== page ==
OverviewThe goals of Tribal Civil and Criminal Legal Assistance (TCCLA) Program are to (1) enhance the operations of tribal justice systems and improve access to those systems; and (2) provide training and technical assistance (TTA) for development and enhancement of tribal justice systems. The TCCLA Program provides civil and criminal legal assistance to low-income individuals, Indian tribes, and tribal justice systems, and provides quality training and technical assistance (TTA) to TCCLA grantees and Indian tribes to support the development and enhancement of tribal justice systems and access to those systems.
Funding can be awarded under the following categories:
CATEGORY 1: TRIBAL CIVIL LEGAL ASSISTANCE GRANTSEligible applicants in Category 1 are limited to nonprofit organizations as defined by 26 U.S.C § 501(c)(3), including tribal nonprofit organizations, tribal enterprises, and educational institutions (public, private, and tribal colleges and universities) with experience providing legal assistance services to eligible individuals pursuant to federal poverty guidelines, federally recognized Indian tribes (as determined by the Secretary of the Interior), or tribal justice systems. Federal poverty guidelines are updated every year by the U.S. Department of Health and Human Services at https://aspe.hhs.gov/poverty-guidelines.
Resources may support legal assistance services for Indian tribes, members of Indian tribes, and tribal justice systems, including guardian ad-litem appointments, court-appointed special advocates pursuant to the federal poverty guidelines and development and enhancement of tribal court policies, procedures and code.
CATEGORY 2: TRIBAL CRIMINAL LEGAL ASSISTANCE GRANTSEligible applicants in Category 2 are limited to nonprofit organizations as defined by 26 U.S.C § 501(c)(3), including tribal nonprofit organizations, tribal enterprises, and educational institutions (public, private, and tribal colleges and universities) with experience providing legal assistance services to eligible individuals pursuant to federal poverty guidelines, federally recognized Indian tribes (as determined by the Secretary of the Interior), or tribal justice systems. Federal poverty guidelines are updated every year by the U.S. Department of Health and Human Services at https://aspe.hhs.gov/poverty-guidelines.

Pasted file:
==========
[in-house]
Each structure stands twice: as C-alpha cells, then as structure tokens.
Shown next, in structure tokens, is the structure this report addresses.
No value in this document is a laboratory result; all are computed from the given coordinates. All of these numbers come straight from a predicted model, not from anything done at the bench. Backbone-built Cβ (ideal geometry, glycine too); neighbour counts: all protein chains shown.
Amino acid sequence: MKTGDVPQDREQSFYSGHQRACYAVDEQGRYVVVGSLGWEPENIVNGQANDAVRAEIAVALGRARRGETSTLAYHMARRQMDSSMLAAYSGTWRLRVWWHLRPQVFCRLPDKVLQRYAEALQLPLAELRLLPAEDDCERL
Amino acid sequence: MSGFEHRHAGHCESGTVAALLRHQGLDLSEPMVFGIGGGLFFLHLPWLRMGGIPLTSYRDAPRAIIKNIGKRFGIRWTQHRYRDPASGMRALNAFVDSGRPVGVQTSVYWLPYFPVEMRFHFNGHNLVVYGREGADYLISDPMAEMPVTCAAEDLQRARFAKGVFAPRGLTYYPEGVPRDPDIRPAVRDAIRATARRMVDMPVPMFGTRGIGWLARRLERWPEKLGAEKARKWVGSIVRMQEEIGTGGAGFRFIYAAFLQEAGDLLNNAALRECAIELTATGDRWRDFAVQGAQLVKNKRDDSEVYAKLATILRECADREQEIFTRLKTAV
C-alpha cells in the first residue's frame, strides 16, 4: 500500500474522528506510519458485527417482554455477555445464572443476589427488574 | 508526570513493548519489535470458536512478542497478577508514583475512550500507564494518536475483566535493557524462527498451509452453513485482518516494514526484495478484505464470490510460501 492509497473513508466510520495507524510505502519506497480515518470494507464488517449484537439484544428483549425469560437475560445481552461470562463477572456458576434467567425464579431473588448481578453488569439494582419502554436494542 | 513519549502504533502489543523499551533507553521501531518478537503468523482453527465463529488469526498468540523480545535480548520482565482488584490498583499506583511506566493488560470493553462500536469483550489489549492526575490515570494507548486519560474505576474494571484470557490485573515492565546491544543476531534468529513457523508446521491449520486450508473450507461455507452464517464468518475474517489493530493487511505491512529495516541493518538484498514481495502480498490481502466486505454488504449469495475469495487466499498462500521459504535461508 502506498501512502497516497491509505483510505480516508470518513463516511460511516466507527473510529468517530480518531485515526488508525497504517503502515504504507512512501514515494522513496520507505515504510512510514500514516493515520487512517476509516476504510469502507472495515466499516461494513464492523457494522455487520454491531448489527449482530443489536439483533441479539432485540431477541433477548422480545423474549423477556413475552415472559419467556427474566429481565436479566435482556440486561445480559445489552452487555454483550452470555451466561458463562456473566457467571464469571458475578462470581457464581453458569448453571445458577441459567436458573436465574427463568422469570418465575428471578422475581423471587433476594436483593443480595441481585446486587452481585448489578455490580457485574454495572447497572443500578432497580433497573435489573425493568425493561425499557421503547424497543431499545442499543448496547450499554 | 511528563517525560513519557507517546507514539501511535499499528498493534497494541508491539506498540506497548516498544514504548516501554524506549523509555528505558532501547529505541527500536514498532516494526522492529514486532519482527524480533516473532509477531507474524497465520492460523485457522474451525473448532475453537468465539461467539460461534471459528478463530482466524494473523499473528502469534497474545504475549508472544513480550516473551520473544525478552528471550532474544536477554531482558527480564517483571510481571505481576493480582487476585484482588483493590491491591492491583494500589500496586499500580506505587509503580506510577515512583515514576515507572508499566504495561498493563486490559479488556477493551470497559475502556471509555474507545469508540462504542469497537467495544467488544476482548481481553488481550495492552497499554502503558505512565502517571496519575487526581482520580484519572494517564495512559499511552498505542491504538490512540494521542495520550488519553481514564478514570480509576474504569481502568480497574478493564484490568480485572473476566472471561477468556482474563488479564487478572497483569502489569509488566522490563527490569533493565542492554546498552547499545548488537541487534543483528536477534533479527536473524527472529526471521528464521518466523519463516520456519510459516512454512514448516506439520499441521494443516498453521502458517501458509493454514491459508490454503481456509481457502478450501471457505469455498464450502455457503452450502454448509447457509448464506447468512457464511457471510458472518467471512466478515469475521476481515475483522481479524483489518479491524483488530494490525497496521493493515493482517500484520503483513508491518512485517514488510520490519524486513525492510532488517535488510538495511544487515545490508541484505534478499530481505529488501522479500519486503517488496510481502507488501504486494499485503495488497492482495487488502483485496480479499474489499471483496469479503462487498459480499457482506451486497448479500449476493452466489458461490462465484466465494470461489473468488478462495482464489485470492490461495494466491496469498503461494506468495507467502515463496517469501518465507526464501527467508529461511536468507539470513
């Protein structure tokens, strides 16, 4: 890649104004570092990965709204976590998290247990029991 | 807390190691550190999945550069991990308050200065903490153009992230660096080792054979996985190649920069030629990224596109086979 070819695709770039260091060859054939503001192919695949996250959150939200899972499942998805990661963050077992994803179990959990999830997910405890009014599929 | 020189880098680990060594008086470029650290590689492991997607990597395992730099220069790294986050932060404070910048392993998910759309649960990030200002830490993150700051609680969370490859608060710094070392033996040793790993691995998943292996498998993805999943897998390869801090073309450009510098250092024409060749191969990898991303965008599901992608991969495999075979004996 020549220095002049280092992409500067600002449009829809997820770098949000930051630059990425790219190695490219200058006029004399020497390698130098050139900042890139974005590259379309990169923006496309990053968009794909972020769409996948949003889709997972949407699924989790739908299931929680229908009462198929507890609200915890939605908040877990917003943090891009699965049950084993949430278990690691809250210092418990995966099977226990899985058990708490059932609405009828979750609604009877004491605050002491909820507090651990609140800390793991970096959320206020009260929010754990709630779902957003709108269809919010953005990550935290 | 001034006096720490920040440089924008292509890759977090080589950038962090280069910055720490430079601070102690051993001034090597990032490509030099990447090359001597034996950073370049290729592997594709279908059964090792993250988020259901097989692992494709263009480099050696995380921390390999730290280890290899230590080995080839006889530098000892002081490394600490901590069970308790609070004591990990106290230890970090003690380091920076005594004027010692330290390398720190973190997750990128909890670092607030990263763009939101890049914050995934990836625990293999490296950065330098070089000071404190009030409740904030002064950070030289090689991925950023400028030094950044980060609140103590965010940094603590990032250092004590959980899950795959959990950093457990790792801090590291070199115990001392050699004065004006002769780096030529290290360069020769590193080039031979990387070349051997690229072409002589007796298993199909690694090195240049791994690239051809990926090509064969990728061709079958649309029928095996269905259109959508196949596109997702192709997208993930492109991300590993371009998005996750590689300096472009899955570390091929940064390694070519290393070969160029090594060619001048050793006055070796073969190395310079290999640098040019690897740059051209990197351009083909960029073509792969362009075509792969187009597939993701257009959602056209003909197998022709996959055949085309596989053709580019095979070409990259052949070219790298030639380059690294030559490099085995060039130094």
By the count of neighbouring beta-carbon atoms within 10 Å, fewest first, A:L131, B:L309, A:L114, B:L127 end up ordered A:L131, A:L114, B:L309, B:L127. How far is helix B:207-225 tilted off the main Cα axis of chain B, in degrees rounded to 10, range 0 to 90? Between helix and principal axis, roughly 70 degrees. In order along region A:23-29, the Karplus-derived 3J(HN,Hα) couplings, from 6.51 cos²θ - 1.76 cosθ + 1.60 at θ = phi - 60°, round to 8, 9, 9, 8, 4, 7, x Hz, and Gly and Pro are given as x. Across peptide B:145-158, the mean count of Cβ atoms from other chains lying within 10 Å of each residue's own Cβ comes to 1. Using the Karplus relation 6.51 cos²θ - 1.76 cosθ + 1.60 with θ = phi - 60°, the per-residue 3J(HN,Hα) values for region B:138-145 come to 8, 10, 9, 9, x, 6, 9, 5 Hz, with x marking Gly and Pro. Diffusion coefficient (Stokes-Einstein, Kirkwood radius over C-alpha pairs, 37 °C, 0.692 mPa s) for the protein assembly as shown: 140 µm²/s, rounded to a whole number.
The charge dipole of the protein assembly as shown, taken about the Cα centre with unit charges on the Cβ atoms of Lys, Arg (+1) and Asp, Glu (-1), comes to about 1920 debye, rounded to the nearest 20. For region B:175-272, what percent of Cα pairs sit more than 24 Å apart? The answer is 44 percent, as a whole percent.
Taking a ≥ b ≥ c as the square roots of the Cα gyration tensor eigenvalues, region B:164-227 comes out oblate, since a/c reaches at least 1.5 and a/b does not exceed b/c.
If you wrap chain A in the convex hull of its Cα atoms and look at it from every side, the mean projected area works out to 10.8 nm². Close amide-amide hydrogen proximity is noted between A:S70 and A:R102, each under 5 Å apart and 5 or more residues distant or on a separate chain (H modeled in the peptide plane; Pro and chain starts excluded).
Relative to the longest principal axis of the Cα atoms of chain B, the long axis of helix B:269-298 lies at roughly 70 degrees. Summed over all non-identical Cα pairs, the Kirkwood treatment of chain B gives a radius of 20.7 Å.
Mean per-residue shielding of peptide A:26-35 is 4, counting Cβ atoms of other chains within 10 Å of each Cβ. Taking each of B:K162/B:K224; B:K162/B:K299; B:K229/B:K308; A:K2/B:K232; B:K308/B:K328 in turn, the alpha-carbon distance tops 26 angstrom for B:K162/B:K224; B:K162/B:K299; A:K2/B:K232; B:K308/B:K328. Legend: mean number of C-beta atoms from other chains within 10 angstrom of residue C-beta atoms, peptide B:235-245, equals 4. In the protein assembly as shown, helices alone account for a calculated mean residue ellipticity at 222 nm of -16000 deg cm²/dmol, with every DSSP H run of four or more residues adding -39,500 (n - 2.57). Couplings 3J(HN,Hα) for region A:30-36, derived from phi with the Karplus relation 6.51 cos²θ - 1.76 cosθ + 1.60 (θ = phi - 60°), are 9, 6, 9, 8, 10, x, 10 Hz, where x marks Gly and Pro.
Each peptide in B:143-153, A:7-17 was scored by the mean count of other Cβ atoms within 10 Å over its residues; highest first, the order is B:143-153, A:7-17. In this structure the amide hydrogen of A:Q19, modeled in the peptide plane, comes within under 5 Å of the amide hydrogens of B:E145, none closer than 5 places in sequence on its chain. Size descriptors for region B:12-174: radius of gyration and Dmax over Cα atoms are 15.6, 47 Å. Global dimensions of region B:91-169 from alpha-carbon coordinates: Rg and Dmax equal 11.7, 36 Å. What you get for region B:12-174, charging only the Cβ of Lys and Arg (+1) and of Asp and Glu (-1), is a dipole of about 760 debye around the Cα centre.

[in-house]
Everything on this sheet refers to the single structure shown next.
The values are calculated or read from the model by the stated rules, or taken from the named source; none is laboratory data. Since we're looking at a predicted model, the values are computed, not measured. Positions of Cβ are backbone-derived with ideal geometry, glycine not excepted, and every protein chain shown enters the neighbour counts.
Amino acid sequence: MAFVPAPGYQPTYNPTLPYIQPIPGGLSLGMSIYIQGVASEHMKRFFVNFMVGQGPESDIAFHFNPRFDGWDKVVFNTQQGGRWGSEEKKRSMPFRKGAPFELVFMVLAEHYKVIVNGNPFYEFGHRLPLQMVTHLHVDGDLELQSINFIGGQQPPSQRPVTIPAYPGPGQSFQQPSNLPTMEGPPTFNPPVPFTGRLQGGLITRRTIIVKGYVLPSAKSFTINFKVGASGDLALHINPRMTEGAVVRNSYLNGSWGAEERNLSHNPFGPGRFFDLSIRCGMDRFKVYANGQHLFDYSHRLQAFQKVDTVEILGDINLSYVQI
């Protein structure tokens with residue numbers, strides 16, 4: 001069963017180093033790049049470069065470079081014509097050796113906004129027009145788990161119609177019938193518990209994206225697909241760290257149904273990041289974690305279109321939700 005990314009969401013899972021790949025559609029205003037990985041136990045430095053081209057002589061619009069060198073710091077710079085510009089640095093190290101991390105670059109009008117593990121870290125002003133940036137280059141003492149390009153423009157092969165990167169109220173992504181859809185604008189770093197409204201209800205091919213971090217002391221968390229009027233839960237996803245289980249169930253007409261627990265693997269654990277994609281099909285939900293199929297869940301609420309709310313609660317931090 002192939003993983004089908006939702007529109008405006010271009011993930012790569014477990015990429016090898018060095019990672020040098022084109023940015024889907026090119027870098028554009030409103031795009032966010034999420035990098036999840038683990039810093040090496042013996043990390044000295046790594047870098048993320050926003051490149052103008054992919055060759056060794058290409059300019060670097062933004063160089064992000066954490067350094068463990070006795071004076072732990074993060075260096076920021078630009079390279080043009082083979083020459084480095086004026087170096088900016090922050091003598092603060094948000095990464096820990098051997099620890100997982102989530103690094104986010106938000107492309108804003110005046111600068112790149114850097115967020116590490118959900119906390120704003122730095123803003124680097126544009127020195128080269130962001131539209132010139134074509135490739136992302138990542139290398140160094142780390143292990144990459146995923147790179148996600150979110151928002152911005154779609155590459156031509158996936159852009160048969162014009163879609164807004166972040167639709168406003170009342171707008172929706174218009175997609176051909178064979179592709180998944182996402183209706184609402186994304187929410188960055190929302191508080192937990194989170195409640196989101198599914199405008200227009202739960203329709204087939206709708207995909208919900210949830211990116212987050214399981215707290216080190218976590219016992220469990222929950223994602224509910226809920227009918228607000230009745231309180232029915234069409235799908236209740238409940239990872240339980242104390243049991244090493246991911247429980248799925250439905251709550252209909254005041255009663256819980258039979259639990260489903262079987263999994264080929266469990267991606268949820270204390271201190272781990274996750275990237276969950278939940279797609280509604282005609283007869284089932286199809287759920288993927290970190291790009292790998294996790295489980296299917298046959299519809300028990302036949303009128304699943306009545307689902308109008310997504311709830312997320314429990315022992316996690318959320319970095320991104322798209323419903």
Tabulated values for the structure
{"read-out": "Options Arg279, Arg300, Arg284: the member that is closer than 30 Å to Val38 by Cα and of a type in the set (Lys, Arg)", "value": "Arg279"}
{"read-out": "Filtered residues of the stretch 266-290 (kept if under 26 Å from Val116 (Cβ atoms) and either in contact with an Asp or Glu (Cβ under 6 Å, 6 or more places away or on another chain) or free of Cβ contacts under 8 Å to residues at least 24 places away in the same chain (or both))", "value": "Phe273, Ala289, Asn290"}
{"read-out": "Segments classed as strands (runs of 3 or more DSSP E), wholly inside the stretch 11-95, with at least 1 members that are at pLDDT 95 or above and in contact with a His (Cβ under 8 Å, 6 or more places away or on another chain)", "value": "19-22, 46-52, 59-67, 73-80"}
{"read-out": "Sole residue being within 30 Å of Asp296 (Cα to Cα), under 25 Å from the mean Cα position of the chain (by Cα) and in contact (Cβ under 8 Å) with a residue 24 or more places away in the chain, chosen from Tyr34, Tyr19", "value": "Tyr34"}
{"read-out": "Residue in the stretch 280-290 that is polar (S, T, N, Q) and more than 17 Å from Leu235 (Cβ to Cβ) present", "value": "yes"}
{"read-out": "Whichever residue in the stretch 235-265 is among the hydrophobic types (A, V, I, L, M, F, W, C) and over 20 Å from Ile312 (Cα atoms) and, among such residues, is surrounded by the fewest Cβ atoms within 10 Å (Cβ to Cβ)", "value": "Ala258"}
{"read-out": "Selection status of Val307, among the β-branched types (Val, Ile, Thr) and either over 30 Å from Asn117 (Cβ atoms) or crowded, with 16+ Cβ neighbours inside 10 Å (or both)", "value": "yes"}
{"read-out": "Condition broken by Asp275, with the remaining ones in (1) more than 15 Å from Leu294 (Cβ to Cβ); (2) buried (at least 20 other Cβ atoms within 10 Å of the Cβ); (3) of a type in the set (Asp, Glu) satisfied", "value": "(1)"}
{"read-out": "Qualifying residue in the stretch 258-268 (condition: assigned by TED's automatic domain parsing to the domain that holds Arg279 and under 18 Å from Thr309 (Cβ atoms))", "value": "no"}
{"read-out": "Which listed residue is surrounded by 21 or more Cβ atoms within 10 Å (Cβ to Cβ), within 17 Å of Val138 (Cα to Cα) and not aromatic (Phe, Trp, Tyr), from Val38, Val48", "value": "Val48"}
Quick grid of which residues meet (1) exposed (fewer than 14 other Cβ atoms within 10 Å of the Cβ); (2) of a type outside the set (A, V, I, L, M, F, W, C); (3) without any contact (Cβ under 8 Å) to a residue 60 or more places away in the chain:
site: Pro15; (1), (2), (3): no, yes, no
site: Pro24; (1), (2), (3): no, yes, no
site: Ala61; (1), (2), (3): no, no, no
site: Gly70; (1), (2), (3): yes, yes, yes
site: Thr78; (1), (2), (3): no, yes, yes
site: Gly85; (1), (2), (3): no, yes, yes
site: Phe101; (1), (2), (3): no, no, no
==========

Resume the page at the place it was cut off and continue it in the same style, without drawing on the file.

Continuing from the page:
Criminal legal assistance services may include adult criminal actions, juvenile delinquency actions, guardian ad-litem appointments arising out of criminal delinquency acts or development and enhancement of tribal court policies, procedures and code.
CATEGORY 3: TRIBAL JUSTICE TRAINING AND TECHNICAL ASSISTANCEEligible applicants in Category 3 are limited to national or regional membership organizations and associations whose membership consist of judicial system personnel within tribal justice systems.
LegislationAuthorized by Title I of the Indian Tribal Justice Technical and Legal Assistance Act of 2000, (25 U.S.C. 3651, et. seq.).
Tribal Law and Policy Institute Releases Access the following BJA-sponsored reports, released in February 2019, from the Tribal Law and Policy Institute:
Project T.E.A.M. Project T.E.A.M., a BJA-funded training and technical assistance provider, has published a manual for tribal and community leaders who want to develop joint jurisdiction courts or initiatives in their own communities. Joint Jurisdiction Courts: A Manual for Developing Tribal, Local, State & Federal Justice Collaborations, is a guide that describes the process developed in one Minnesota community and adopted by other jurisdictions including communities in California and Alaska. The manual describes the benefits of intergovernmental collaboration, and provides suggested guidelines for developing a new joint jurisdiction justice collaborative based on identified needs, tribal and community culture, evidence-based treatment principals, articulated goals, and defined outcomes and includes best practices and lessons learned from Project T.E.A.M.’s work. The manual and supplementary materials can be found on the Project T.E.A.M. website: http://www.ohsu.edu/projectteam/manual.